AT&T, Dish Spend Billions on Spectrum for 5G Services

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The Federal Communications Commission’s most recent auction of wireless spectrum licenses will require military cooperation.

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The Trump administration began the process of commercializing frequencies that the Defense Department had long reserved for naval radar systems, missile control, and air traffic. As part of a White House brokerage plan, the Pentagon agreed to open airwaves to the private sector in 2020 through an FCC auction. The plan included rules to protect military operations from interference using new technology.

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The auction began last October under the Biden administration and the FCC has said it collected $22.5 billion from bidders. Congress requires that a portion of auction proceeds pay for new equipment to allow military equipment to coexist without harmful interference with cellphone carriers’ signals. The rest will go to the US Treasury.

Anti-collusion rules prevent winning bidders from discussing the auction, including their plans to use the license, for several more days. Cellphone carriers can then provide more details about their timelines for the deployment of new spectrum.

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Rising demand among smartphone users for Internet data has prompted mobile network operators to close pockets of spectrum, once considered the domain of technologies such as television broadcasting, satellite broadcasting and radar signals. US carriers have spent more than $100 billion in recent years seeking licenses to enhance their wireless services.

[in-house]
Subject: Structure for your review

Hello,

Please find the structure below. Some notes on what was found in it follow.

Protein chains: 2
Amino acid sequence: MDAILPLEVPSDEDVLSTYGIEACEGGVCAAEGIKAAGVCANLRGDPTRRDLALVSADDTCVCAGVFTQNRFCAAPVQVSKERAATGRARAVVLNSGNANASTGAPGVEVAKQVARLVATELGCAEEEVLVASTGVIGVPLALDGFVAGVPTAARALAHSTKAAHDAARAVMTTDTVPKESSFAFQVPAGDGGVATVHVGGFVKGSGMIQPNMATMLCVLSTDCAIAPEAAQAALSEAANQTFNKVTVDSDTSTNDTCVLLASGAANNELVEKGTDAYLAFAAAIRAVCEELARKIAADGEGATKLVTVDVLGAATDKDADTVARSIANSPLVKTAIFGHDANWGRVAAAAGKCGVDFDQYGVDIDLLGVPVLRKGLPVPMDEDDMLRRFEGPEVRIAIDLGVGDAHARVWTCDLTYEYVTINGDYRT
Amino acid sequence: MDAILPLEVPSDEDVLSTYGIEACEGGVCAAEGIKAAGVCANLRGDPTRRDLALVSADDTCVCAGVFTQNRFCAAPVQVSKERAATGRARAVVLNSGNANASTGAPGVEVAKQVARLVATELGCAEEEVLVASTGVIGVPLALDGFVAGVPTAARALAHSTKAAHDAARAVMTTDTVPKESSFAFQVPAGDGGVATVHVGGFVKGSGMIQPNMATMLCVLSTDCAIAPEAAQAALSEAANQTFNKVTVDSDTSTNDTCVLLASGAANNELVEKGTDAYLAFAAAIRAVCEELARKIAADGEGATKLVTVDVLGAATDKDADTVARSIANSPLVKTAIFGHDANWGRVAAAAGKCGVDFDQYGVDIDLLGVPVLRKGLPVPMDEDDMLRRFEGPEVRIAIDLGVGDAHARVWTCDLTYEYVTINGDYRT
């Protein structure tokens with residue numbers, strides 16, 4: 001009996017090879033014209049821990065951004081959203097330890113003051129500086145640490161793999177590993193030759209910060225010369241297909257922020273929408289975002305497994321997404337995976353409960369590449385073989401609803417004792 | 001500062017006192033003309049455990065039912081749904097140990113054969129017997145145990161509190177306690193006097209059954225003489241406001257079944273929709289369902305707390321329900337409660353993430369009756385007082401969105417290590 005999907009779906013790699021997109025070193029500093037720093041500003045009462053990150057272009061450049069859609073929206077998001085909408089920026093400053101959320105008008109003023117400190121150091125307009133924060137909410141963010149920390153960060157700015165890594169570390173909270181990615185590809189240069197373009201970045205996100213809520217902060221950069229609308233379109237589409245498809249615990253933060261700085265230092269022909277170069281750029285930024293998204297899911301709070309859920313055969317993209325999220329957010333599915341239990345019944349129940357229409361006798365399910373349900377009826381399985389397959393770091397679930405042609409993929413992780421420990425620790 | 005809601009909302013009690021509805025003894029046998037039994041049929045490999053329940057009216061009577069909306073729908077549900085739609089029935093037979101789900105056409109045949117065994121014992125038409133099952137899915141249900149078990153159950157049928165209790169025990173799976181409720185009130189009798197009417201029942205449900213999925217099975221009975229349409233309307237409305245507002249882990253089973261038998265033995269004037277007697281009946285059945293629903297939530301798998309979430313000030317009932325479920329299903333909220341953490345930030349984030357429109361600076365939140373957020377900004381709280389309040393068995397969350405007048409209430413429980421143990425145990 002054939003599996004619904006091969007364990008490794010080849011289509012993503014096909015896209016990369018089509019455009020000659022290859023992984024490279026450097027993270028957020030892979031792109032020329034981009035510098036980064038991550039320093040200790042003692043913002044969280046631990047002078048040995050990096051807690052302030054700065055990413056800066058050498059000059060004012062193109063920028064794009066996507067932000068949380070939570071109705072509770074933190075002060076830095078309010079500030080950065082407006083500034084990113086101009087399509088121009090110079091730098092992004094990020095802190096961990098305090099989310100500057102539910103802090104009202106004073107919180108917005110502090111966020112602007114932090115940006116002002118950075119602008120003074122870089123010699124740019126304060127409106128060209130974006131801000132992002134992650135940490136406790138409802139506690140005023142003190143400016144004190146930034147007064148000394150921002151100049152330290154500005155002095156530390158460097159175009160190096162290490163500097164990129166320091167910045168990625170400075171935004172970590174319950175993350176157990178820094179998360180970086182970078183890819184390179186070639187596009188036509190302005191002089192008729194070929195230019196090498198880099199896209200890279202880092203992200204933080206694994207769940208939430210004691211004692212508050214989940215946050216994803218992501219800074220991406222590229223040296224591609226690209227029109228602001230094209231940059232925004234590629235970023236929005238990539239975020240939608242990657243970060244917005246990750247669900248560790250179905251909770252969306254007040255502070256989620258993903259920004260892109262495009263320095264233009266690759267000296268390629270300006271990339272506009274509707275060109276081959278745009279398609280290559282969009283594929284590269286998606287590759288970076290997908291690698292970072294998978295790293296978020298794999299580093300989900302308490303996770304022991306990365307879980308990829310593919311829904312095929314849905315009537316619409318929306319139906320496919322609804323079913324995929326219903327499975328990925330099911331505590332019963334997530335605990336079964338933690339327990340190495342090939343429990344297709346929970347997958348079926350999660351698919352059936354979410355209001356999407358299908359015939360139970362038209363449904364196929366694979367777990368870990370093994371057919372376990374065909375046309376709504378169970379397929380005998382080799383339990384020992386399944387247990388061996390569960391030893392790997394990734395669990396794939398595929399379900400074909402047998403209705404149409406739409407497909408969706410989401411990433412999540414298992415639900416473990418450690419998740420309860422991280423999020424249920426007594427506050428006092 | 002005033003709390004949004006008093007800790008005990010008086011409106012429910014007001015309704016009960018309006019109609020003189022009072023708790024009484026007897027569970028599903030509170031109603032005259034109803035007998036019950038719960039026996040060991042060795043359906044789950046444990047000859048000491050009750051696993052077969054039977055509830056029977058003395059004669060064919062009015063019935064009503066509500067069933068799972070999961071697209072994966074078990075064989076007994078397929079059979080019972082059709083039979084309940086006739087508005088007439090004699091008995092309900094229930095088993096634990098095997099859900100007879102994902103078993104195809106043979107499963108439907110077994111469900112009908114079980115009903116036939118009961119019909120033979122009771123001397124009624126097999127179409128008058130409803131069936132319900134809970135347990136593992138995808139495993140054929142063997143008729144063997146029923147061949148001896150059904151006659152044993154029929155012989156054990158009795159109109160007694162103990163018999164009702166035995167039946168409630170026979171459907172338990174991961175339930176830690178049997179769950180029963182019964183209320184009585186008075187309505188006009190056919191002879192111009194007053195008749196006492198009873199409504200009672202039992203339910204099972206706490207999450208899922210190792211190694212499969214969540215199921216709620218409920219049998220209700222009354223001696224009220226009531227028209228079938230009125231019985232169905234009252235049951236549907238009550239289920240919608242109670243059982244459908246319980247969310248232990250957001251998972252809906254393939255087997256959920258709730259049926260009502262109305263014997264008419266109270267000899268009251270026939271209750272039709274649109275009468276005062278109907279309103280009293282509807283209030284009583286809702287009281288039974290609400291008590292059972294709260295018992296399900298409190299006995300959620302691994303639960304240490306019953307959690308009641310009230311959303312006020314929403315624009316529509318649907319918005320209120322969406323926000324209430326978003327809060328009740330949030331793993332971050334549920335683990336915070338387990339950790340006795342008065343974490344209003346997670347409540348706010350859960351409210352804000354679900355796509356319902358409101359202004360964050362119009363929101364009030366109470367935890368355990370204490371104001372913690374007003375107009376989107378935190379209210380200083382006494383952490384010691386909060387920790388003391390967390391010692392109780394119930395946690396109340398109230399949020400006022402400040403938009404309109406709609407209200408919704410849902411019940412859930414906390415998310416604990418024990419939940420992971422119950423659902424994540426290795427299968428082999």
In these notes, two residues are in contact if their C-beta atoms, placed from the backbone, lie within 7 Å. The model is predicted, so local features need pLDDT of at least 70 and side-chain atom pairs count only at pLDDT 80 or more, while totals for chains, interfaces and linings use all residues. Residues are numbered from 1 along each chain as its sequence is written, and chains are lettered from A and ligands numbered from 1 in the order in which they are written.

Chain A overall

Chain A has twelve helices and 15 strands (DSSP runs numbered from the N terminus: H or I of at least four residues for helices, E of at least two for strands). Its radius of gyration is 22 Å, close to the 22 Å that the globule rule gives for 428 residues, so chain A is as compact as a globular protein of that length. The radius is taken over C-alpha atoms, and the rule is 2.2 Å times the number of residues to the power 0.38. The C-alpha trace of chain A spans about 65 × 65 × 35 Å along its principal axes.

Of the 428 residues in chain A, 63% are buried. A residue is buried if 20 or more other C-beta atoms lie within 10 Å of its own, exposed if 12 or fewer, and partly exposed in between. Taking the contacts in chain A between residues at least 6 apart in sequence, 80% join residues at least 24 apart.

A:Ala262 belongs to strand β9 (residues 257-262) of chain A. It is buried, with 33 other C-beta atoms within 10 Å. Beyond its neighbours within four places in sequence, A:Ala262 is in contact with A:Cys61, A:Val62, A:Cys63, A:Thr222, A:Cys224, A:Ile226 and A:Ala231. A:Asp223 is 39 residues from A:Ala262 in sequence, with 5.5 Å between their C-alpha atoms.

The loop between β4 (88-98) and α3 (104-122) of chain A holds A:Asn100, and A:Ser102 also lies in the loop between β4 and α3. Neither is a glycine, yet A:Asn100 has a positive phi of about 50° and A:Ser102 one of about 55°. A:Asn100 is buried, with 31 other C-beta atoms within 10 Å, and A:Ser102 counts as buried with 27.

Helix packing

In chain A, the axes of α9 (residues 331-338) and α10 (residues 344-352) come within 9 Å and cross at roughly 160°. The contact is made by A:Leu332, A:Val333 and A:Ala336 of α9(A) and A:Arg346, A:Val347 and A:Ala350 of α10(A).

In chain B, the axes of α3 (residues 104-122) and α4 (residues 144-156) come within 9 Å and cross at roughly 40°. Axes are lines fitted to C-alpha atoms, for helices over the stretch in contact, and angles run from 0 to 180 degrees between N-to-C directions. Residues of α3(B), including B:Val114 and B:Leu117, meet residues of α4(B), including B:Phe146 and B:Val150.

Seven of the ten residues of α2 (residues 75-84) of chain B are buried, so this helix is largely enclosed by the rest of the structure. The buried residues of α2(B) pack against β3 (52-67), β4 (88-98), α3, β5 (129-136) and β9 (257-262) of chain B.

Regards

Carriers’ demands for more airspace sometimes go against the interests of other parts of the US government. Such disputes – particularly between federal agencies – have become more common in recent years as the airwaves become more congested.

Federal Aviation Administration officials have raised concerns that using previously auctioned C-band spectrum for cellphone service could confuse key cockpit security systems on aircraft. Wireless companies have said that the proposed service is already secure, pointing to similar networks already in use abroad.

Late last year the FAA demanded that wireless companies postpone the launch of those C-band services until officials were sure the two uses could interact safely. AT&T and Verizon this month agreed to postpone the launch of 5G services through their C-band licenses until January 19.

The 3.45 GHz auction that ended this month covers frequencies in the midrange neighborhood, similar to the C-band auction, but is less likely to affect aircraft equipment designed to operate above 4.2 GHz.

The pace of recent auctions shows how US government officials regard wireless network enhancement as a national priority at the same time as strategic technologies such as artificial intelligence and chip manufacturing. FCC calls its agenda to promote next generation wireless technologies 5g fast plan, Lawmakers originally called the law that eventually authorized the most recent auction “the 5G Act to Beat China.”

Write Drew Fitzgerald [email protected] Feather

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